So Danny is dead and stuck in the afterlife with Seb, as played by Chris Addison. I like to think that the rest of the panellists from ‘Mock the Week’ are in the adjacent rooms. Imagine the people who arrive and have to deal with Frankie Boyle, maybe that’s a deleted scene on the DVD? So yeah, Danny is dead and Clara can’t accept it. So being the wonderfully progressive female character that she is; does she:

A: Accept it as a terrible loss and try to move on.

B: Threaten the Doctor and try to force him to bring Danny back to life.

Now I appreciate that grief drives people to do strange things, occasionally bad things. Even allowing for that, Clara’s actions are far too unpleasant and premeditated to be acceptable behaviour.

How long has Danny been dead? This is an important question because we need to know how disturbed and mixed up Clara is feeling. She has flowers in her house but he may have been dead for a month, we don’t know. I’m not saying that she should be over his death in a month, obviously. All I’m saying is that for Clara to selfishly choose to ruin the life of her best friend, we need to feel that she is thinking completely irrationally.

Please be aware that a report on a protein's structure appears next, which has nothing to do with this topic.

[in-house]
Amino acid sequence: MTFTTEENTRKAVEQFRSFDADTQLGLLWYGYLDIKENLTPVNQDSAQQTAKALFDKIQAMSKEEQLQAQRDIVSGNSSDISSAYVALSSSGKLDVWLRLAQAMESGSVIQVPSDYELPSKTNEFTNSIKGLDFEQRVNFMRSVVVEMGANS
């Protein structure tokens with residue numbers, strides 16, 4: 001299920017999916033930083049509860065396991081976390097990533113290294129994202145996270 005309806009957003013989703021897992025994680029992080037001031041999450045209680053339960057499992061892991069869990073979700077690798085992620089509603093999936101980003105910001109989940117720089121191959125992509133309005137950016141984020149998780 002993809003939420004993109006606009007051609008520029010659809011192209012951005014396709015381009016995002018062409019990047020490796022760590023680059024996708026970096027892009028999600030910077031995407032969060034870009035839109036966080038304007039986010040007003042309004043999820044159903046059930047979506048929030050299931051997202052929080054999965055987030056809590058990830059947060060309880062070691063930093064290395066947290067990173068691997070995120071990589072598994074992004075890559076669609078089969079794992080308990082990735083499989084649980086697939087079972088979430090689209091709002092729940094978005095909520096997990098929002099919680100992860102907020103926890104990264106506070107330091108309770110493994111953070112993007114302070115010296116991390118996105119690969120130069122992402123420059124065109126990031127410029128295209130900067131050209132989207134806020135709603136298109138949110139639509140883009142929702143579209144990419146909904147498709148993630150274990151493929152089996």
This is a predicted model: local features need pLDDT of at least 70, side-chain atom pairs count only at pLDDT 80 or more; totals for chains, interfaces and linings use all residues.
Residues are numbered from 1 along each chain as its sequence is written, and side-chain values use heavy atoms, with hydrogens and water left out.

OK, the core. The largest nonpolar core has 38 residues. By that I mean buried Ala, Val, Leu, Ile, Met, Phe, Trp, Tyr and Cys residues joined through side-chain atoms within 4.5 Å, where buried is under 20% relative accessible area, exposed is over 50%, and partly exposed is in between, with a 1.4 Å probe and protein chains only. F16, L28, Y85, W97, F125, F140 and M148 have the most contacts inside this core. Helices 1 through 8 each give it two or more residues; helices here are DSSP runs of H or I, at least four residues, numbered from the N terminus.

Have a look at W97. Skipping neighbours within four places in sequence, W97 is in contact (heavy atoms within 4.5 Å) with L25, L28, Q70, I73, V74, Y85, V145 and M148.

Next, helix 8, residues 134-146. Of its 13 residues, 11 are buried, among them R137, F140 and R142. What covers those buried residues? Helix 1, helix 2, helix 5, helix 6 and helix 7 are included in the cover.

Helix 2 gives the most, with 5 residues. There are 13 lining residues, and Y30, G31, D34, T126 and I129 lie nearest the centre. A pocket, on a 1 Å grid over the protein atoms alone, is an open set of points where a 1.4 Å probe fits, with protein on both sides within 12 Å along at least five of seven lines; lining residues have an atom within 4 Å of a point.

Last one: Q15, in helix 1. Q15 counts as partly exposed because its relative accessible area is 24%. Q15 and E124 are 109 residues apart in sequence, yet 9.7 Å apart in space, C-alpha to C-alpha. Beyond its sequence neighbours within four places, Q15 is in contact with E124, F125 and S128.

We don’t get that feeling however for several reasons. Firstly, the relationship between Clara and Danny has been written as a foil for her juggling time with the Doctor. Having the relationship primarily used as a narrative device has left it undeveloped. It is hard to care about a couple that say they love each other but who spend the majority of their time arguing over the phone.